Taisha Paggett, performing in “VOLUME presents Presence,” Torrance Art Museum ZOOM2 series, June 26, 2010
Taisha Paggett’s untitled durational movement performance this past Saturday at the Torrance Art Museum seemed to be a companion piece to Decomposition of a Color-Thought, a work she performed at LACE back in February. In both works, the artist prominently displayed a set of textual excerpts as if it were a musical score, and then attempted to perform it using a series of movements, periods of stillness, and carefully chosen costuming and make-up.
The texts supplied are difficult, composed as they are of cryptic, out-of-context quotes from theorists and obscure references to theological journals and 1970s black pride paintings. They require you to take a break from the pleasurable act of watching Paggett in order to try and grasp their meaning. For me, this has the effect of tying my brain into a knot and thus causing an irksome disconnect from Taggett’s movements, which speak so eloquently by themselves. Still, prolonged study of these texts, and follow-up Google research at home, does yield insights into Paggett’s motivations and what she is trying to accomplish. (Click the thumbnails below to read the texts from Torrance (L) and LACE (R).)
With her strong dance background, Paggett is obviously interested in the expressive power of the body, the properties of sensation and body memory, and the formal studies that can result from extended enactments of movement and stillness. On a purely visual level, her work is indeed amazing—beautiful, stimulating, and richly evocative. I could easily sit and watch her movements all day long. Beyond this pleasure principle, however, what is even more compelling about these works is how they weave meditations on race and racial struggle directly into their studies of color and form.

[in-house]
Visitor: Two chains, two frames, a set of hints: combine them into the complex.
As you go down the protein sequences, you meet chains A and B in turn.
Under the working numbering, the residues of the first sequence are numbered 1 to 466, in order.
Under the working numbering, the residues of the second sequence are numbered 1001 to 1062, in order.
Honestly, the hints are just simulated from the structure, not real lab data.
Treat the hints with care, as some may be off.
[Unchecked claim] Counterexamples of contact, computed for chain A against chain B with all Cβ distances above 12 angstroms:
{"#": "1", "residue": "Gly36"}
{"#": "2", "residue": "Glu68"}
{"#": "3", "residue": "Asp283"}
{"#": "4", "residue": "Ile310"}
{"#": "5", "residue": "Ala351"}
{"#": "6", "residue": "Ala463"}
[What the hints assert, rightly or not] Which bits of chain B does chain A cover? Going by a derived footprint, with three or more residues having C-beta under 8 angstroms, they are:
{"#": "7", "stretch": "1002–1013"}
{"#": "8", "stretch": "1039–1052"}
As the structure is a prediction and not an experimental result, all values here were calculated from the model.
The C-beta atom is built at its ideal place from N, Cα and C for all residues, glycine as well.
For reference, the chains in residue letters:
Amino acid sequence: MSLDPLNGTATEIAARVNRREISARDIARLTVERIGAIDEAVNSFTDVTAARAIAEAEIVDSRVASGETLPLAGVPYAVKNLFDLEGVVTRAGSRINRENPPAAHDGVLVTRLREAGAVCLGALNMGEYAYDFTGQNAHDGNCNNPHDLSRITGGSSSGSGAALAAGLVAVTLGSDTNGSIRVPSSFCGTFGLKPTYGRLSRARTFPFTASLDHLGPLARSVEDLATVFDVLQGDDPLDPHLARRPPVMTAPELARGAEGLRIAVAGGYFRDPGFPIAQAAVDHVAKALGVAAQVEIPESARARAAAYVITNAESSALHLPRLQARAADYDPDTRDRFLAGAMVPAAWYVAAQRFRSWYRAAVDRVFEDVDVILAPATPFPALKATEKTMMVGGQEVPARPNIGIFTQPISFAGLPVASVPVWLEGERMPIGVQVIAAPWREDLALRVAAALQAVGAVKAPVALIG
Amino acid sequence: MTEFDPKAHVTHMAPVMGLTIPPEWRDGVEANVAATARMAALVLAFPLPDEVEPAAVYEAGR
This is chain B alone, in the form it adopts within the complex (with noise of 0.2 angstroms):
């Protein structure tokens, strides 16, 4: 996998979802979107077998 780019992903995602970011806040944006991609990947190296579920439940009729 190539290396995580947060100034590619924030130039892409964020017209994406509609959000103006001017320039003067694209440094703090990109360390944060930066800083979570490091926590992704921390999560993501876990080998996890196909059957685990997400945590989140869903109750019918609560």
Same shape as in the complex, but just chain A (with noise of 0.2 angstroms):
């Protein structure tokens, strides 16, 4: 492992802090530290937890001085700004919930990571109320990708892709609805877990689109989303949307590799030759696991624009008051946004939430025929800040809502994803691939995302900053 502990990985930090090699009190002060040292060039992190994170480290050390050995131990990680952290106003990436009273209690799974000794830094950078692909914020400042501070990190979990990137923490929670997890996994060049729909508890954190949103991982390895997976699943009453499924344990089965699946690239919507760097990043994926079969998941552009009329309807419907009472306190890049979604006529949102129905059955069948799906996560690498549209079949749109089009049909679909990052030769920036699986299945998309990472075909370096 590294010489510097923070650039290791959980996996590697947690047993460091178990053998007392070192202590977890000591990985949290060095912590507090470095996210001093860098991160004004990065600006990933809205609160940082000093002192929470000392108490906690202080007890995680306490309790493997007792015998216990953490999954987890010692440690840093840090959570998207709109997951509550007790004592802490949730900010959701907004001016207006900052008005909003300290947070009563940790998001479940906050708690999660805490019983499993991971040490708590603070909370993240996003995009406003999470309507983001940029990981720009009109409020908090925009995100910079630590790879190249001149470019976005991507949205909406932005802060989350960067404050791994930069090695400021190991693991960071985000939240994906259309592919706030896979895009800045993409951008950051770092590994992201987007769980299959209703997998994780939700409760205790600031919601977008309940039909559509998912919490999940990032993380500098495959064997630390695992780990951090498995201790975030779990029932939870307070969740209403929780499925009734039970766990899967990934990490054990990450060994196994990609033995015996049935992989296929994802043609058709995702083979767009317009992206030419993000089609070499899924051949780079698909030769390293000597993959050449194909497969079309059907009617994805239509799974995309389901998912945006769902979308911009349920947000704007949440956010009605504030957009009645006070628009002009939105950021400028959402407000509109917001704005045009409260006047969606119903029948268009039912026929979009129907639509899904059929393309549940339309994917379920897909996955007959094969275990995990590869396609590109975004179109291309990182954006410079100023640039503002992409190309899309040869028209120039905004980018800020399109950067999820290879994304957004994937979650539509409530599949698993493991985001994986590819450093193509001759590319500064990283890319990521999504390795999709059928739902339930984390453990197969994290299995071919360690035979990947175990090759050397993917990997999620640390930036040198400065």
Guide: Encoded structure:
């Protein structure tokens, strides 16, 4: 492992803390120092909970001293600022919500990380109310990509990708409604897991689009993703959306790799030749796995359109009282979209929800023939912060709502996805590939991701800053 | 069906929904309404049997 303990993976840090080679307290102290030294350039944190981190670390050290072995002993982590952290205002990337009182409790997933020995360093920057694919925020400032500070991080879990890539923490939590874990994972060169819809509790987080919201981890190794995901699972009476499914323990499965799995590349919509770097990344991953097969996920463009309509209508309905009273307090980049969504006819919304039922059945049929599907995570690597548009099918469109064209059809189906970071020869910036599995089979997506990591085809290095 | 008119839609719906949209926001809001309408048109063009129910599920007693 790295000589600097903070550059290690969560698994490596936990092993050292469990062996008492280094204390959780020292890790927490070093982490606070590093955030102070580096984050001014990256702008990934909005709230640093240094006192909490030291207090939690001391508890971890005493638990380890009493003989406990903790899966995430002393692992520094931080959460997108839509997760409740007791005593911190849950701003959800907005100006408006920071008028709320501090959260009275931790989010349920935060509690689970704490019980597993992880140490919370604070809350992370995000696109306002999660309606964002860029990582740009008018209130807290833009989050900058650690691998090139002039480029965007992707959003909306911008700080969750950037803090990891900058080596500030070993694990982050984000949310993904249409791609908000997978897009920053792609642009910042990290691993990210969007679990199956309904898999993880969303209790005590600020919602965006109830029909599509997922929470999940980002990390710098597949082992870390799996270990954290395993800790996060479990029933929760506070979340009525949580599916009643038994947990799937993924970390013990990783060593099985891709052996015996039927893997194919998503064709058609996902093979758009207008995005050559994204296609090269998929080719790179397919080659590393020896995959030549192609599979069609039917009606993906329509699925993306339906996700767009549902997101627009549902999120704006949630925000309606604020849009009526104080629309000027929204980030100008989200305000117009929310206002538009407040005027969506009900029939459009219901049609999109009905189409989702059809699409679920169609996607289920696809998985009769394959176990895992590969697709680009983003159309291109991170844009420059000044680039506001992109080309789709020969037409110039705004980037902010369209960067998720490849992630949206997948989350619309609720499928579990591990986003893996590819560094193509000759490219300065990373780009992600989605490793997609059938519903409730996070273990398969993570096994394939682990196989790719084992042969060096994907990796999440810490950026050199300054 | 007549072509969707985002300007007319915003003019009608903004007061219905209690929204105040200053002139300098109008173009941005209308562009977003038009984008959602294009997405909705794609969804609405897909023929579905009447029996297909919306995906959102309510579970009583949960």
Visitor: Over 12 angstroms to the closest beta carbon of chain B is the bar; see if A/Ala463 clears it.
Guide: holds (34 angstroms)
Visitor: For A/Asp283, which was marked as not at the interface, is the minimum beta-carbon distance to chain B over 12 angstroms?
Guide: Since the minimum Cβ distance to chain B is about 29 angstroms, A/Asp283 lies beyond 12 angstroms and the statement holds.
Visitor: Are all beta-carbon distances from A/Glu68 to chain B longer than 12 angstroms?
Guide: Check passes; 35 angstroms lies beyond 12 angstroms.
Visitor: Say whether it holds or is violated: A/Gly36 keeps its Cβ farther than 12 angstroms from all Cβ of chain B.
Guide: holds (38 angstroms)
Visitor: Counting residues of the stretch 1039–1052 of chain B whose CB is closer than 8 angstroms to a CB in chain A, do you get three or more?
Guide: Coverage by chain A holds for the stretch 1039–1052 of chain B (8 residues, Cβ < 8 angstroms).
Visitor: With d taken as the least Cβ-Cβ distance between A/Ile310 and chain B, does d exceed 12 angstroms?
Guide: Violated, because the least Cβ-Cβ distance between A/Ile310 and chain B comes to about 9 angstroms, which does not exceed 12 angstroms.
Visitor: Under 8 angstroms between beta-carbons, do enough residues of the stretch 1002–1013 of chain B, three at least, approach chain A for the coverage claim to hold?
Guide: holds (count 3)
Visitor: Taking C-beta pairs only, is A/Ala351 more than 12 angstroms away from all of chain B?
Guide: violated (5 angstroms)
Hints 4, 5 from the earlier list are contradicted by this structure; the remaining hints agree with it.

Paggett is dark-skinned, and for the LACE piece, she chose to exaggerate this fact by covering her body with black makeup and wearing all black clothes. The texts on display talked about the human eye’s inability to perceive the full range of colors; the shaping of human relationships by the history of labor struggle; and the purity of sense data independent of cerebral intervention. Paggett’s seated performance, which took place on a square of shag carpet and consisted of many circular and shuffling movements, appeared to be an attempt to embody and activate negative space. Her makeup and costuming portrayed an enforced invisibility, while her body struggled to charge that space with “real movement… a solid and undivided whole.” Coincidentally (or not, I don’t know), a separate text performance on the wall behind her consisted of the repeated phrase, “I am the witness.”
If the LACE performance dealt with pure black, the Torrance piece moved to grayscale. This time Paggett wore a gray jersey dress and covered most of her body with gray makeup. The gray stopped halfway up her face, as she covered the top half of her face in black makeup. Her hair was tied back in a knot, and the knot was colored a bright red, thus creating three distinct tiers of color on her body. The texts included Da Vinci discussing the nature of color relations and their mutual influence on one another; Paggett (I assume) connecting an iconic 1970s Ernie Barnes painting with a theological quote likening the sound and color of a distant body to “a sensation in the mind”; and the same Bergson quote about the purity of sense data, with an added directive to “explain… how perception… is limited.” With a performance that saw many dramatic and eruptive movements across a smooth floor, Paggett graduated from pure black to embrace and explore the relativity of color relations.
This performance took place as part of Presence, “an afternoon of immersive sound, video, and durational performance” curated by VOLUME. Presence was in turn part of ZOOM2, a fun event series at the Torrance Art Museum that spotlights experimental sound, performance, and light/video works.